On December 29, the Consolidated Appropriations Act of 2023 became law. This legislation expands charitable, tax-advantaged possibilities for those who want to use their qualified charitable distributions (QCD) to create a charitable gift annuity (CGA) or a charitable trust. Previously, QCDs were specifically excluded from funding CGAs.
A CGA is a lump-sum gift, from which donors or their designated beneficiaries receive annual payments, determined by the amount of the gift, age(s) of the beneficiary(ies) and rates in effect at the time of the gift.
While there is no charitable deduction for the QCD gift, it is free of federal income tax, counts toward your annual Required Minimum Distribution and is excluded from your gross income. Those who might benefit most by giving IRA assets want to leave a legacy and are taking only the minimum required IRA distribution, not itemizing deductions, or are subject to charitable deduction limitations.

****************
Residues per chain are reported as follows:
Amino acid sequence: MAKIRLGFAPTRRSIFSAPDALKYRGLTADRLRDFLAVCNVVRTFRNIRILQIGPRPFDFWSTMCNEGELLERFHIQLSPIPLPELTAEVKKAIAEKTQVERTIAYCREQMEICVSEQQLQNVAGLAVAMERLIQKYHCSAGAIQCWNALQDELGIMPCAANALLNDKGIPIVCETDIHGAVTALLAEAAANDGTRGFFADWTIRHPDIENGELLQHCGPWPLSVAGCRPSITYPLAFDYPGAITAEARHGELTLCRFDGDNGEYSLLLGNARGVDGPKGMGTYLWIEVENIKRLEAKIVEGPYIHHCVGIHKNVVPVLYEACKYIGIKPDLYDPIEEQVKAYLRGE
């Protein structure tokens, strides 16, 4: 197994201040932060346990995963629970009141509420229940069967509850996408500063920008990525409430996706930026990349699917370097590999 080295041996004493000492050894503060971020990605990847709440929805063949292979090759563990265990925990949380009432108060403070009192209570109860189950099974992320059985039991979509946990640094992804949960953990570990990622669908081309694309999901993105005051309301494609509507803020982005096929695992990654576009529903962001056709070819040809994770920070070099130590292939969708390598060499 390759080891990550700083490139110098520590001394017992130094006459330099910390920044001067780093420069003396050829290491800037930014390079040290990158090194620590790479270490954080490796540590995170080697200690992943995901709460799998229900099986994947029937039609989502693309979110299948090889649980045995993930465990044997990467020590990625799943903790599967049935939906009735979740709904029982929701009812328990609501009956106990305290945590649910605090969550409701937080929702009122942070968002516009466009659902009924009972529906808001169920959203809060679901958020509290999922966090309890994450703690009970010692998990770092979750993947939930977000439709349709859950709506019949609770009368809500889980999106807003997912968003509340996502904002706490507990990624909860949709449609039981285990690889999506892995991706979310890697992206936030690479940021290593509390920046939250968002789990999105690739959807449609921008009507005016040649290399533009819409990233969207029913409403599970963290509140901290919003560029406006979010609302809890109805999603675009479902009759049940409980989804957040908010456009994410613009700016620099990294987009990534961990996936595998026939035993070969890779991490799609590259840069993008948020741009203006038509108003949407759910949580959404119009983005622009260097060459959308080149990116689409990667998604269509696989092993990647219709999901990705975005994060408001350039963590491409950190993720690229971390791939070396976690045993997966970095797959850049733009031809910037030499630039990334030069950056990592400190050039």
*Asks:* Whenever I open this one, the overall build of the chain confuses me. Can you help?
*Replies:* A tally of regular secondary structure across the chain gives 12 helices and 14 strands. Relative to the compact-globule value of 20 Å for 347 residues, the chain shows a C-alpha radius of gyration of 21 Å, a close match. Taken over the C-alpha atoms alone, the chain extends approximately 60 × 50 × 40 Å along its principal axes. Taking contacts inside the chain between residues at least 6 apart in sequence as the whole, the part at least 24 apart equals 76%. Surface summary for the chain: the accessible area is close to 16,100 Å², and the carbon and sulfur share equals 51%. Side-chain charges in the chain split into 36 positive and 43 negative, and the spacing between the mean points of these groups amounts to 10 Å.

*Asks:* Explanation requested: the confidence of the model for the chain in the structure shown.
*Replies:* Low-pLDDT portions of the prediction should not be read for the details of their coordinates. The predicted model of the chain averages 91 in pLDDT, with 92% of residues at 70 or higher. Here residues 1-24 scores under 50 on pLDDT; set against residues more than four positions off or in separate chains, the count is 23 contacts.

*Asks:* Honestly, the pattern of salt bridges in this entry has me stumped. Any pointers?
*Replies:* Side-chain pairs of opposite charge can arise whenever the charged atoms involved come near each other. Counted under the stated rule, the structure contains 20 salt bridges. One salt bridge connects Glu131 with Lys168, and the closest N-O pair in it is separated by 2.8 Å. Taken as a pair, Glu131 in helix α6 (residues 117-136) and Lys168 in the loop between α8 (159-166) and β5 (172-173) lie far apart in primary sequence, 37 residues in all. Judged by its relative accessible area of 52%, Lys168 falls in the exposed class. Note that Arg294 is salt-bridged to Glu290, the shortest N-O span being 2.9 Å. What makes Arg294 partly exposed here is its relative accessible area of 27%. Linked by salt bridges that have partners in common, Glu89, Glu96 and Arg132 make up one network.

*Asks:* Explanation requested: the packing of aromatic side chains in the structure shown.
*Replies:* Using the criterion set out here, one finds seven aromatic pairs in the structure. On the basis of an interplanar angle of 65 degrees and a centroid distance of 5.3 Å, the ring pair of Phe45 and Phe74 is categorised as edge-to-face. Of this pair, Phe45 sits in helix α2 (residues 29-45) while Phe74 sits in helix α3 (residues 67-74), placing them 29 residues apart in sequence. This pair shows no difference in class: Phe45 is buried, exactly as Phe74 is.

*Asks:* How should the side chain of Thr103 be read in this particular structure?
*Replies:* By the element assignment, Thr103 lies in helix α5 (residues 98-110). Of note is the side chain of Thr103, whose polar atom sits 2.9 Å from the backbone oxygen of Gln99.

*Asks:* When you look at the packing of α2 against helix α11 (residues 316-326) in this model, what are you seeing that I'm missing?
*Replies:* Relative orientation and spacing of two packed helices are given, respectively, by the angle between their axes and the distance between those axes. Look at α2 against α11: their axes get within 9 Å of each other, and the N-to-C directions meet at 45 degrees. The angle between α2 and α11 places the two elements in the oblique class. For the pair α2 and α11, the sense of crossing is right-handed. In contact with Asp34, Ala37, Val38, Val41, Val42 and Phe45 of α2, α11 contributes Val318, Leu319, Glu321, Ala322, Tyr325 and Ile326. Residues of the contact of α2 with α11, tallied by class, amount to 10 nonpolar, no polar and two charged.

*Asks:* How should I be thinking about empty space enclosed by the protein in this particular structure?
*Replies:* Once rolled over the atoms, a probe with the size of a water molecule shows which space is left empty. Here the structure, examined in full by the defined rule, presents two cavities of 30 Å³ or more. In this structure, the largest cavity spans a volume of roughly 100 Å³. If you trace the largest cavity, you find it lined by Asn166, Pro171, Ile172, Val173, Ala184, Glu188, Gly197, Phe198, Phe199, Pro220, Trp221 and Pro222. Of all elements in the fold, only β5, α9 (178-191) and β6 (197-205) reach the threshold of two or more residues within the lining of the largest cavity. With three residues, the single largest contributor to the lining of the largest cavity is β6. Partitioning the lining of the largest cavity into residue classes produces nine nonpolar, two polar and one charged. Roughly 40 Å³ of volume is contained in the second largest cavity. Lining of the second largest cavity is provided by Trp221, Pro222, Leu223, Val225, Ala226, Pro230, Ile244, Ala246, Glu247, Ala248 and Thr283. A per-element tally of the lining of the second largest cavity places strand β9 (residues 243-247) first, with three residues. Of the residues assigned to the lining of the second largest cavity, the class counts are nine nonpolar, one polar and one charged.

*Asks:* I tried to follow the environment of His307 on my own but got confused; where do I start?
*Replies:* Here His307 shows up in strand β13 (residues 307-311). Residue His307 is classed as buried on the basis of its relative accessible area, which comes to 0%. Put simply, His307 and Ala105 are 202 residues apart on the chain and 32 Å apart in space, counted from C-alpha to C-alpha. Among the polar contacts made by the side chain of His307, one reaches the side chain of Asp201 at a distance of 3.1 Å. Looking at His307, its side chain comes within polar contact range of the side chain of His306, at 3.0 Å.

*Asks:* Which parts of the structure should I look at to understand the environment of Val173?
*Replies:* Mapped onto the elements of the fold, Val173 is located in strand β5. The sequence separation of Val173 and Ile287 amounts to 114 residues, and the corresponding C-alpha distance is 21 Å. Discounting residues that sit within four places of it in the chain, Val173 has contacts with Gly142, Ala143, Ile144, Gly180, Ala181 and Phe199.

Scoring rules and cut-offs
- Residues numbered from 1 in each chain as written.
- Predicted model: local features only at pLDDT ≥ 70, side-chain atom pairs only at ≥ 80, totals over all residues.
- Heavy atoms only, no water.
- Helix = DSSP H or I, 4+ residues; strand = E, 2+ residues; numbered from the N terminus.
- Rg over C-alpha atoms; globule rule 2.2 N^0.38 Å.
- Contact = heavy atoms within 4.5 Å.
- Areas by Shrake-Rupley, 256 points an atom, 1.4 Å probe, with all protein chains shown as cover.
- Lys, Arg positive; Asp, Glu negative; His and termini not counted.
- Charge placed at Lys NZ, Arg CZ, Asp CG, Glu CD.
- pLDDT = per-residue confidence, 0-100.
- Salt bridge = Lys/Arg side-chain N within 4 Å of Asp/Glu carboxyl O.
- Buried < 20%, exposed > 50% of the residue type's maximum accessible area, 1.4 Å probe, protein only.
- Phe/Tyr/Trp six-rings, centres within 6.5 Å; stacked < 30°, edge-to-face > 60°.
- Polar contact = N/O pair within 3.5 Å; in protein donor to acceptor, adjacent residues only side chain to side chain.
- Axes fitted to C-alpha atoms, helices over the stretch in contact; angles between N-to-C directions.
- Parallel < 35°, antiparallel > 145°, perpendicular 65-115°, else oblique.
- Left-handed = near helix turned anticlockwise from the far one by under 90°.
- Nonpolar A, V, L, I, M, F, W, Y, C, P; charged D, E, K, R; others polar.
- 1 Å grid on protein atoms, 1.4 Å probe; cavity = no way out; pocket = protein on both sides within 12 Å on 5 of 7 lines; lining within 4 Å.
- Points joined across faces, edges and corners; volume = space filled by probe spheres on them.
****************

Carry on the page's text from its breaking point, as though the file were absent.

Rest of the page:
To take advantage of this new option, donors must be aged 70.5 or older. As an added benefit, starting in 2024, the $100,000 limit for QCDs and the $50,000 one-time limit for gifts to a life income plan will be adjusted for inflation.
Additional parameters apply:
- The CGA must be an immediate CGA, meaning payments must start within one year of establishment.
- The CGA must be funded only by the QCD; no other assets may be combined to create the CGA.
- The payout rate must be 5% or higher.
- The annuitants must be the IRA owner, or spouse, or both the IRA owner and spouse.
- Payouts from the CGA will be classified by the IRS as ordinary income.
If you are interested learning more about using a QCD to create a CGA, talk with your professional advisor to discuss your specific tax implications. If you would like to move forward or discuss CFWNC options, Becky Davis or Laura Herndon can provide additional information or next steps.